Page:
The present tax system was designed in the 1930s and 1940s, a time when the typical American household was a single-income family featuring a male breadwinner and a female homemaker. The system has since grown greatly in size but has not been reexamined with gender bias in mind. Writing for an audience with no prior knowledge of tax, Edward J. McCaffery demonstrates how today's tax system penalizes two-earner families, pressuring some families to break up and many mothers to stay home.
McCaffery illustrates how working wives are hard hit by tax law inequities. As secondary earners under a joint-filing system, wives enter the workforce at a high tax rate dictated by their husband's salary. Using real life examples that take taxes and other expenses into account, McCaffery shows how many wives actually lose money by working; why social security is a pure tax, with no benefits, on most working wives; and why part-time work is often not a viable option for married mothers.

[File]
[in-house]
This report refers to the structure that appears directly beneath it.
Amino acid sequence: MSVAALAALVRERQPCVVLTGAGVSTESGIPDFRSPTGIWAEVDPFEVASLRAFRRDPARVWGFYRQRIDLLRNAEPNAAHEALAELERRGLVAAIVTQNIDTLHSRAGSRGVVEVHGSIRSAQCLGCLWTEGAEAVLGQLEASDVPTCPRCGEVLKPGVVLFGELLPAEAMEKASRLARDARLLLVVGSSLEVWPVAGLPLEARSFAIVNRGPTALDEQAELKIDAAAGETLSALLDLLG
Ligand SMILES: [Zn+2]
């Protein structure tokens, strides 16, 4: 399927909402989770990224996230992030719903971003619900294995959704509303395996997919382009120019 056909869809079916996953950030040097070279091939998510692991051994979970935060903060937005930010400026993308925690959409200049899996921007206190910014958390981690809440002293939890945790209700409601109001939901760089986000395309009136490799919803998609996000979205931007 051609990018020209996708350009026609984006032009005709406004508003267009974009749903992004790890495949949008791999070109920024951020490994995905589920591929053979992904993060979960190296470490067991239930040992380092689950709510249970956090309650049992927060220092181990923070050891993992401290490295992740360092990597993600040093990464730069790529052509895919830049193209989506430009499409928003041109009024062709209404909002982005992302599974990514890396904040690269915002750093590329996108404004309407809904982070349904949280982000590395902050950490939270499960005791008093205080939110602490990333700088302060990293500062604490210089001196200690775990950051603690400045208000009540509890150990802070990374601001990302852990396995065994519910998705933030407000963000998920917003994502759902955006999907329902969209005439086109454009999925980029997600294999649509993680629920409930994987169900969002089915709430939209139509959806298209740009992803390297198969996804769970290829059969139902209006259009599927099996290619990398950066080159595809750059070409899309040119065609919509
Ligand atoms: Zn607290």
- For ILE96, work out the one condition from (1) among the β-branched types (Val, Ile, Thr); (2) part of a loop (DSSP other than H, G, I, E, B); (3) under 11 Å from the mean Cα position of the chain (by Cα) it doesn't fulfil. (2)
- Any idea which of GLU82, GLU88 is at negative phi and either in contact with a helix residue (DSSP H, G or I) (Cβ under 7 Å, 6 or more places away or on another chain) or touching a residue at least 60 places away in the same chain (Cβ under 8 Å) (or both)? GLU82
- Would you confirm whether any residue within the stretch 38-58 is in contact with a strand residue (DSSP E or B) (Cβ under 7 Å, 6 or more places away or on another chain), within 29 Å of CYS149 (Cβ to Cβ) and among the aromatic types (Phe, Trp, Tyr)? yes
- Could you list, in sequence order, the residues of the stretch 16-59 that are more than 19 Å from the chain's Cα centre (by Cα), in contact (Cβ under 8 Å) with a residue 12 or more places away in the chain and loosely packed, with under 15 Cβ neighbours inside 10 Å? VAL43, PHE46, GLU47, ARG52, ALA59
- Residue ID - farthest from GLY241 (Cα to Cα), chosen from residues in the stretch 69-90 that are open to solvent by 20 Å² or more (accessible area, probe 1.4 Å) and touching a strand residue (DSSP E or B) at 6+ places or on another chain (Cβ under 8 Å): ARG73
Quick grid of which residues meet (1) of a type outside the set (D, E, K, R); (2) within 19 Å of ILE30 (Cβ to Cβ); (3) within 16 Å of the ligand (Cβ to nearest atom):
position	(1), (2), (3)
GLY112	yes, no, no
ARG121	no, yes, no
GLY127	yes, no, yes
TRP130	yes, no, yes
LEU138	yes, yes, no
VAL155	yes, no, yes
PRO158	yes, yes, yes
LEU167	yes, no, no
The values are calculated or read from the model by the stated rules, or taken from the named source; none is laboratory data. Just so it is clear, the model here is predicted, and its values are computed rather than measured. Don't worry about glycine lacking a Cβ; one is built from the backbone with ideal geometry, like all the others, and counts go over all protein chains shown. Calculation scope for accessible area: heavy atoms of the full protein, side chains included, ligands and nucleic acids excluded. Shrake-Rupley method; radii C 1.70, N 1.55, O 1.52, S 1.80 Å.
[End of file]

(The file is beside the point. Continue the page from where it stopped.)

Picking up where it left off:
How are we to rectify these entrenched gender-based problems in the tax code, which affect all aspects of our social life? McCaffery proposes simple but strong changes in the tax system to alleviate the stresses facing women today. In fact, standard economic theory has long recommended taxing married women less than men--exactly the opposite of what the United States now does.
Taxing Women comprises both an insightful, critical analysis of the gender biases in current tax laws and a stirring call for all those concerned with gender justice to pay more attention to the pervasive impact of such laws.